Empirically Assessing the Impact of Photo Identification at the Polls through an Examination of Provisional Balloting
Michael J. Pitts
Indiana University Robert H. McKinney School of Law
October 21, 2008
Journal of Law and Politics, 2008
Despite the Supreme Court's opinion from last term in Crawford v. Marion County Election Board, it seems like the debate over laws that require prospective voters at the polls to present government-issued photo identification will continue to rage in both legislatures and courtrooms throughout America. However, one of the fundamental missing pieces in this debate is an empirical assessment of how many prospective voters are unable to cast a countable ballot because of photo identification laws. This article analyzes data related to the 2008 Indiana primary election to determine: (1) how many voters arrived at the polling place without a photo identification and then cast a provisional ballot; and (2) how many of the photo identification-related provisional ballots were ultimately counted. Importantly, the analysis presented here takes a unique empirical approach because as part of this research actual documents related to provisional ballots were obtained. In the end, it is estimated that at the 2008 primary election nearly 400 persons cast provisional ballots because they lacked photo identification and the vast majority (80% of those ballots) were not counted. After presenting the numbers, this Article concludes with a discussion of the limits of this study and how opponents and proponents of photo identification might employ this research in the ongoing debate over photo identification.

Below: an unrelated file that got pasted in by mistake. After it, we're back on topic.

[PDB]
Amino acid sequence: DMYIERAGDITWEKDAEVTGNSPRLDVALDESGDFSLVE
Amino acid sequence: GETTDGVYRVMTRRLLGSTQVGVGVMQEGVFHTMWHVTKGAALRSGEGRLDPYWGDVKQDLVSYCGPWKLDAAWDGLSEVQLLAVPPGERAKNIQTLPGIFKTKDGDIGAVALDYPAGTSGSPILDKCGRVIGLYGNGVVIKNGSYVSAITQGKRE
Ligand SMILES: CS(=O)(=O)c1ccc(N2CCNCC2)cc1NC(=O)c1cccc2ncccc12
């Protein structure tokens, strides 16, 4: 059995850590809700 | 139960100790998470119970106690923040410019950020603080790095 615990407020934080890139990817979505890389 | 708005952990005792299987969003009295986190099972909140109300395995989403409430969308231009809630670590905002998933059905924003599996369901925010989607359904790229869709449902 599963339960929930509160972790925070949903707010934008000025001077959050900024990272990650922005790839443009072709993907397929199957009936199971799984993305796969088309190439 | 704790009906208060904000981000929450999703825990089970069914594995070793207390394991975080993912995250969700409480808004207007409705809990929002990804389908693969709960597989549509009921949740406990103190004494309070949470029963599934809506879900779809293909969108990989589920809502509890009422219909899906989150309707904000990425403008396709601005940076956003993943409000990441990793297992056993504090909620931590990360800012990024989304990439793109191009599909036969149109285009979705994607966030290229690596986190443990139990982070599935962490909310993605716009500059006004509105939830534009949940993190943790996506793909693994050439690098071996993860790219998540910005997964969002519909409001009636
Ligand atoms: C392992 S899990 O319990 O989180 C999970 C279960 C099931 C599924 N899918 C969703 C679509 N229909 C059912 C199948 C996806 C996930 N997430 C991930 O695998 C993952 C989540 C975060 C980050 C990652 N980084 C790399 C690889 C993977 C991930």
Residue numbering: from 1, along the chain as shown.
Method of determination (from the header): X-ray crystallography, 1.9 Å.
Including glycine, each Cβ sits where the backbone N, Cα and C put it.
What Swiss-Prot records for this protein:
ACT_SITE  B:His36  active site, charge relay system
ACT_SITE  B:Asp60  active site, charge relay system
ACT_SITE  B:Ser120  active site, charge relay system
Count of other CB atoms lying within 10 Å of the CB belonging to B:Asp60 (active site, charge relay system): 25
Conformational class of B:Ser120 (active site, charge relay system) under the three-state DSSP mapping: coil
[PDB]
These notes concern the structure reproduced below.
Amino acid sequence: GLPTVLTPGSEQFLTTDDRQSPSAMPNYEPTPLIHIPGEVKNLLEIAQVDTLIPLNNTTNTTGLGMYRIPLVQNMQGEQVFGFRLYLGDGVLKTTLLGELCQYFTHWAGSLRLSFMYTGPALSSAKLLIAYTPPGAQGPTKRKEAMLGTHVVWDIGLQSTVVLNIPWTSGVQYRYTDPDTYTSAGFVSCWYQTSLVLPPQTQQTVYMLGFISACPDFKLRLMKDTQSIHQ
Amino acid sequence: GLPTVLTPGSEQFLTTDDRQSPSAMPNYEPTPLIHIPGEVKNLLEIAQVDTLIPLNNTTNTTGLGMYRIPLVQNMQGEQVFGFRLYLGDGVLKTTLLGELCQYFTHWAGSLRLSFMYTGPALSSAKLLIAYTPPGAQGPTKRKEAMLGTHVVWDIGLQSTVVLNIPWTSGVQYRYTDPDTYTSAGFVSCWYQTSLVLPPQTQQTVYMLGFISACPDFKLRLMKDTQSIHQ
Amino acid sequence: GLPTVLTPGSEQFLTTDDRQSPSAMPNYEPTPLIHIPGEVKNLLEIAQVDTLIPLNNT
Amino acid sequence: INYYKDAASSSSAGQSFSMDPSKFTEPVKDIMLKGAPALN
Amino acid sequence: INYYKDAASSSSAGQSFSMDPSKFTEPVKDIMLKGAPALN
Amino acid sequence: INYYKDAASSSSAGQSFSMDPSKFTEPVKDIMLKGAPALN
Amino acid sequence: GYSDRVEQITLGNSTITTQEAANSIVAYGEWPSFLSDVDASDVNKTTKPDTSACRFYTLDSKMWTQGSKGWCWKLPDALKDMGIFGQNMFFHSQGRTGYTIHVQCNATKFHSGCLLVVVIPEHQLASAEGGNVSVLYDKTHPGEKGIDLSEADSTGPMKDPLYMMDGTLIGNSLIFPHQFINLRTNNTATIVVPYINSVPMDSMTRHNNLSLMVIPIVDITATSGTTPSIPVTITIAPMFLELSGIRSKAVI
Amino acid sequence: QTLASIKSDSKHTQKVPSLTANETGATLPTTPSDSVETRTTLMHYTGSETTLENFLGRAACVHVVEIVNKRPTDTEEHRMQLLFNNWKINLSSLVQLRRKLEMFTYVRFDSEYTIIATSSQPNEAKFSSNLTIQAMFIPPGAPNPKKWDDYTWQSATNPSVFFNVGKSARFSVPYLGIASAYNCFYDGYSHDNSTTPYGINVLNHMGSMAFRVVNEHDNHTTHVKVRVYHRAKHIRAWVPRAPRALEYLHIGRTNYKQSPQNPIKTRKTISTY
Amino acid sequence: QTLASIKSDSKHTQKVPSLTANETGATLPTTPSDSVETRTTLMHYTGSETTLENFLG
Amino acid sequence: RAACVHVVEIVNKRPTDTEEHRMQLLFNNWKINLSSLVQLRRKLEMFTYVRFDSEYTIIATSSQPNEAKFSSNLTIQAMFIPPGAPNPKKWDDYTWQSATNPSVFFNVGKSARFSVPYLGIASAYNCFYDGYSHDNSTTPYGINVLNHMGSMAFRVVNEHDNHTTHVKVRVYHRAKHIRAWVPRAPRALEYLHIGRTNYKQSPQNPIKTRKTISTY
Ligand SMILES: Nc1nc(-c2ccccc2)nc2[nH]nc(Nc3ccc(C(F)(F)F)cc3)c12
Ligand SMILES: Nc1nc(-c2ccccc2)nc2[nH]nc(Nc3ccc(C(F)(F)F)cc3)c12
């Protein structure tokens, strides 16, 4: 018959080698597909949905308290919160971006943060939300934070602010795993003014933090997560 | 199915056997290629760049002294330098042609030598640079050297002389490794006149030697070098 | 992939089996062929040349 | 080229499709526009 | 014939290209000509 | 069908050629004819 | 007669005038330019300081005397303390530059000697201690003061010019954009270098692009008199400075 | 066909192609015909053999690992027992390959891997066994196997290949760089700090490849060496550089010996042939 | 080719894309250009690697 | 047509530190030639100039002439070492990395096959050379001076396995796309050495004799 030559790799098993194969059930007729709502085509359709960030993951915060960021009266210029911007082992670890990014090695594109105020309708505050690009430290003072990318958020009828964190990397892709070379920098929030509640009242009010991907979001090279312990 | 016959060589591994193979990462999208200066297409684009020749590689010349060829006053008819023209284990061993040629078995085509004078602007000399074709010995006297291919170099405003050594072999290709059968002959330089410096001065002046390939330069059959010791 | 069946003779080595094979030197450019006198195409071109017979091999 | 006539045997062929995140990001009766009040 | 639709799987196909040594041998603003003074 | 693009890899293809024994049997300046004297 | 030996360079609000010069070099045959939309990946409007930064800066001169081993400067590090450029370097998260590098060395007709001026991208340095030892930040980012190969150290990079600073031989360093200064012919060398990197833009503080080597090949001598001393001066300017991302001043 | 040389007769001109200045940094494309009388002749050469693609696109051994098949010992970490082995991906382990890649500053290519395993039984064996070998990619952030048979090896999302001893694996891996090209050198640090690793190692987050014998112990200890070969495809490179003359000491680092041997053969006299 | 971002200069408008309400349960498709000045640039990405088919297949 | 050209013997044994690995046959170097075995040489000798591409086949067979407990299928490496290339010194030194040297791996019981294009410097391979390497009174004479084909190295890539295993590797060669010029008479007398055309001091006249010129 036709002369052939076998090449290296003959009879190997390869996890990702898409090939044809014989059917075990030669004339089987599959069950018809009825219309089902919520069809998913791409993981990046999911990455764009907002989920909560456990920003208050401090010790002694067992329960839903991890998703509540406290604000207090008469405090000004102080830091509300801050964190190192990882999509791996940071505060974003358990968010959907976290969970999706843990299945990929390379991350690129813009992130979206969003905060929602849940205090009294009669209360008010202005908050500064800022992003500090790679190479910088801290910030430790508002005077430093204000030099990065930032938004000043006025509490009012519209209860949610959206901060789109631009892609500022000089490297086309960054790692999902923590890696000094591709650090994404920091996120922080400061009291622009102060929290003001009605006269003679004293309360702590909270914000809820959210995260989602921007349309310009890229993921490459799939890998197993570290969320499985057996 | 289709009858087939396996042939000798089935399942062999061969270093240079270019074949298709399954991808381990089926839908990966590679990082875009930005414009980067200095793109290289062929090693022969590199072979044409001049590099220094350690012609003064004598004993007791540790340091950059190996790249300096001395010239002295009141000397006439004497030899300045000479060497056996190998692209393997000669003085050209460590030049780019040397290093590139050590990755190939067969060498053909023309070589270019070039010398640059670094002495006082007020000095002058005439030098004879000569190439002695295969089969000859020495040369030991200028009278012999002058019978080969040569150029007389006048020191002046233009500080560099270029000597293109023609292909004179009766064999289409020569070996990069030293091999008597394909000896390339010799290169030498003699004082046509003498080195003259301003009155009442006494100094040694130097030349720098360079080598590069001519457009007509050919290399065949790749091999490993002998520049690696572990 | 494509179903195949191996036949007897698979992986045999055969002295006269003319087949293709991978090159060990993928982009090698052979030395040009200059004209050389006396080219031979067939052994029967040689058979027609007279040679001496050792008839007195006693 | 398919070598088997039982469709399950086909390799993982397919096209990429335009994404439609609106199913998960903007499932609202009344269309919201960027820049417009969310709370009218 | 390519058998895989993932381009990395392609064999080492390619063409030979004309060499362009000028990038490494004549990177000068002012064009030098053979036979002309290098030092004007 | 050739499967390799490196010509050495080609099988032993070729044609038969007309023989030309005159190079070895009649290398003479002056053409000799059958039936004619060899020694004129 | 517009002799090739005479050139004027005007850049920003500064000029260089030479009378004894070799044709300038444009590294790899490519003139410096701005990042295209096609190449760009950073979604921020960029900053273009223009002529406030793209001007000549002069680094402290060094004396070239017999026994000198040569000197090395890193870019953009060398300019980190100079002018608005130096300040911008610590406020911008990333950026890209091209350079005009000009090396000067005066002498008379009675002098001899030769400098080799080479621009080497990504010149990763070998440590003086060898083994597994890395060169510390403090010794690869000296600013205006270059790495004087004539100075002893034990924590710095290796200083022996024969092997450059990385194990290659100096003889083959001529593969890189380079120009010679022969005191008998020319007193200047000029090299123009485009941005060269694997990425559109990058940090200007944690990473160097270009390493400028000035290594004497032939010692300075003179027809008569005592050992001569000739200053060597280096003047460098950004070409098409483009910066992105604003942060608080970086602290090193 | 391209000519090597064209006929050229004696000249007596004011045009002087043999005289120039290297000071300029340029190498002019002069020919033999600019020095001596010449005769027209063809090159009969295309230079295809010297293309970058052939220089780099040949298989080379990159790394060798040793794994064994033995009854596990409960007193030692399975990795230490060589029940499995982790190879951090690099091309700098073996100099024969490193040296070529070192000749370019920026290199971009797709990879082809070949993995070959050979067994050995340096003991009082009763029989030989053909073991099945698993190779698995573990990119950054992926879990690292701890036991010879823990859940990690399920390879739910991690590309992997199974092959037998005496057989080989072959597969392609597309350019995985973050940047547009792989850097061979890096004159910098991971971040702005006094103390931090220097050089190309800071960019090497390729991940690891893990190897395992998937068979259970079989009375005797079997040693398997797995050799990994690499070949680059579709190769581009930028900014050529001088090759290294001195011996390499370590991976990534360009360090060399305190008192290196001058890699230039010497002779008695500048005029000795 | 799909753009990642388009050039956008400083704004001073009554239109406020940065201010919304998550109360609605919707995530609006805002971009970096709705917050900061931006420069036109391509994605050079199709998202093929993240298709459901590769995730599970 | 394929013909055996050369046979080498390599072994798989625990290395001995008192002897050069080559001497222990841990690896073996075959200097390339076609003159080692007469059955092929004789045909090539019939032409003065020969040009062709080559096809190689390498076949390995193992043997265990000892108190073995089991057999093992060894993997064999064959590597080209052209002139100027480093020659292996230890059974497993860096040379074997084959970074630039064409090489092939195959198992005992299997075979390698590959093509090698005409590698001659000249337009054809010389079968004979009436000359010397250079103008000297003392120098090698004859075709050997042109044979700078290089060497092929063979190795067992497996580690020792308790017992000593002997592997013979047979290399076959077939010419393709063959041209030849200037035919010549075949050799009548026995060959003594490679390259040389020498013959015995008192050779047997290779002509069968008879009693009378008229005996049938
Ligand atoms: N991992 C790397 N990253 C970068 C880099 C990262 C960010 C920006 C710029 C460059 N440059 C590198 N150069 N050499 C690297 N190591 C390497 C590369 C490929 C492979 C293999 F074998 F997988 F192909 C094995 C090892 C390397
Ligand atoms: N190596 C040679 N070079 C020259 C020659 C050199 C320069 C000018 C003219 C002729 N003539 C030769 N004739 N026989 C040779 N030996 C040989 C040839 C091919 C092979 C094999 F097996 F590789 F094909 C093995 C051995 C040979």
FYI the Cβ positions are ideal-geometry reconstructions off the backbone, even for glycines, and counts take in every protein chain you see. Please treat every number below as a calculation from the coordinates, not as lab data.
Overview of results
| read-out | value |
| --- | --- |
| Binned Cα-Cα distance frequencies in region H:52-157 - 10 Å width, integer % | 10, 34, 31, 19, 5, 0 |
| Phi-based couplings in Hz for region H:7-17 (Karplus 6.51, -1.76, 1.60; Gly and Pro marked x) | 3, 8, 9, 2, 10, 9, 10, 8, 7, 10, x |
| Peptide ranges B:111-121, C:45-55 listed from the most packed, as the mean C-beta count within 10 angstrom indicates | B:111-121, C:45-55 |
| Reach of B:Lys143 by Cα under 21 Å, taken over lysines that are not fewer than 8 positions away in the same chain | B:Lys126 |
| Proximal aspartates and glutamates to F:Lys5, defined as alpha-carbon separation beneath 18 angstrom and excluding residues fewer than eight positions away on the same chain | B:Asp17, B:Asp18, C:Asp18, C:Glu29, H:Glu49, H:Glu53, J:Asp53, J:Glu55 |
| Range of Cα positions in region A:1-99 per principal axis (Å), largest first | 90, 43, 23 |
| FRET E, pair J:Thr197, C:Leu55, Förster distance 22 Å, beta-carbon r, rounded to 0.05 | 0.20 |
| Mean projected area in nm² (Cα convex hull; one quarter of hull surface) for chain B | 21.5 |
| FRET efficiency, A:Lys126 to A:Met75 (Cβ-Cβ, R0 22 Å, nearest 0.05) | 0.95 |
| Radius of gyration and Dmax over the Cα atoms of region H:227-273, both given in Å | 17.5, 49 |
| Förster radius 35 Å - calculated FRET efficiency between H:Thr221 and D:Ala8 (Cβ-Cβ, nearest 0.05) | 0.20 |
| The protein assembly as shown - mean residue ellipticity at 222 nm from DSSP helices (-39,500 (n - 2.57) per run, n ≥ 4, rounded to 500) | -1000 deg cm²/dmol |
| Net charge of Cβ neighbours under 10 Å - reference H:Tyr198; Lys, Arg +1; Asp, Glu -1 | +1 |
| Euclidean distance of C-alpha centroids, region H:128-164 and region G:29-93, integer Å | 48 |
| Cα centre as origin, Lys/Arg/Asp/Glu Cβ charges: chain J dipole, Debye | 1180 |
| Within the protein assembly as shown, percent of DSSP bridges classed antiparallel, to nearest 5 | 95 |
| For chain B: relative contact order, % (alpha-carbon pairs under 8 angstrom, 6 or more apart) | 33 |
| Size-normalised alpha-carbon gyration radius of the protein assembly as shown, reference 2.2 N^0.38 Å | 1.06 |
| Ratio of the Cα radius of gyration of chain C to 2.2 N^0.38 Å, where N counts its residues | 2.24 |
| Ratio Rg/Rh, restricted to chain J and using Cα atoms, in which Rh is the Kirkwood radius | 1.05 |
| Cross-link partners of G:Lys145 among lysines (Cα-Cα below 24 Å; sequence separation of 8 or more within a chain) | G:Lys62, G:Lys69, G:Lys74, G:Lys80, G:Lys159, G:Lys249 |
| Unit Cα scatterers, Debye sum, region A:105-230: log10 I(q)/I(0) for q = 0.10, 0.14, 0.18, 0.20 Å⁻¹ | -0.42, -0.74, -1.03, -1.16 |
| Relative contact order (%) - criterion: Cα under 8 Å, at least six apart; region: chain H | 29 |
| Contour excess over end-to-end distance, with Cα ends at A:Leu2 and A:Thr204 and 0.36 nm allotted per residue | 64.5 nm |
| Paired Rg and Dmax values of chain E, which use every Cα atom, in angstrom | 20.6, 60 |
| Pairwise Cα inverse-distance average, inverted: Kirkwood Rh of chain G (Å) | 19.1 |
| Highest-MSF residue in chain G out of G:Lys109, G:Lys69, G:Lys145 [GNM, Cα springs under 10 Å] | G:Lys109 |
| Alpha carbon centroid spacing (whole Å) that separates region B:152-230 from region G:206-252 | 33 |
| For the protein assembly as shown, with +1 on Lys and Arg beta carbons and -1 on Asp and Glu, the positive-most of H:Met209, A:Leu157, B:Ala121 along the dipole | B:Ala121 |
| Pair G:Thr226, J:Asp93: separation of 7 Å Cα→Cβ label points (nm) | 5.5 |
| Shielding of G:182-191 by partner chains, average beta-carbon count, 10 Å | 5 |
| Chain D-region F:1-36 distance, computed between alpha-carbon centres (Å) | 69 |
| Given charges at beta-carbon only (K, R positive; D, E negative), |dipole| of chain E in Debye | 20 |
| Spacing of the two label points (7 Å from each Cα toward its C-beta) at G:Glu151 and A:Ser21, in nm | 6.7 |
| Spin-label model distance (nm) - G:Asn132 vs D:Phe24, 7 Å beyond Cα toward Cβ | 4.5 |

Number of Pages in PDF File: 53
Keywords: democracy, voter id, crawford, voting rights, provisional ballotsAccepted Paper Series
Date posted: October 22, 2008 ; Last revised: February 18, 2012
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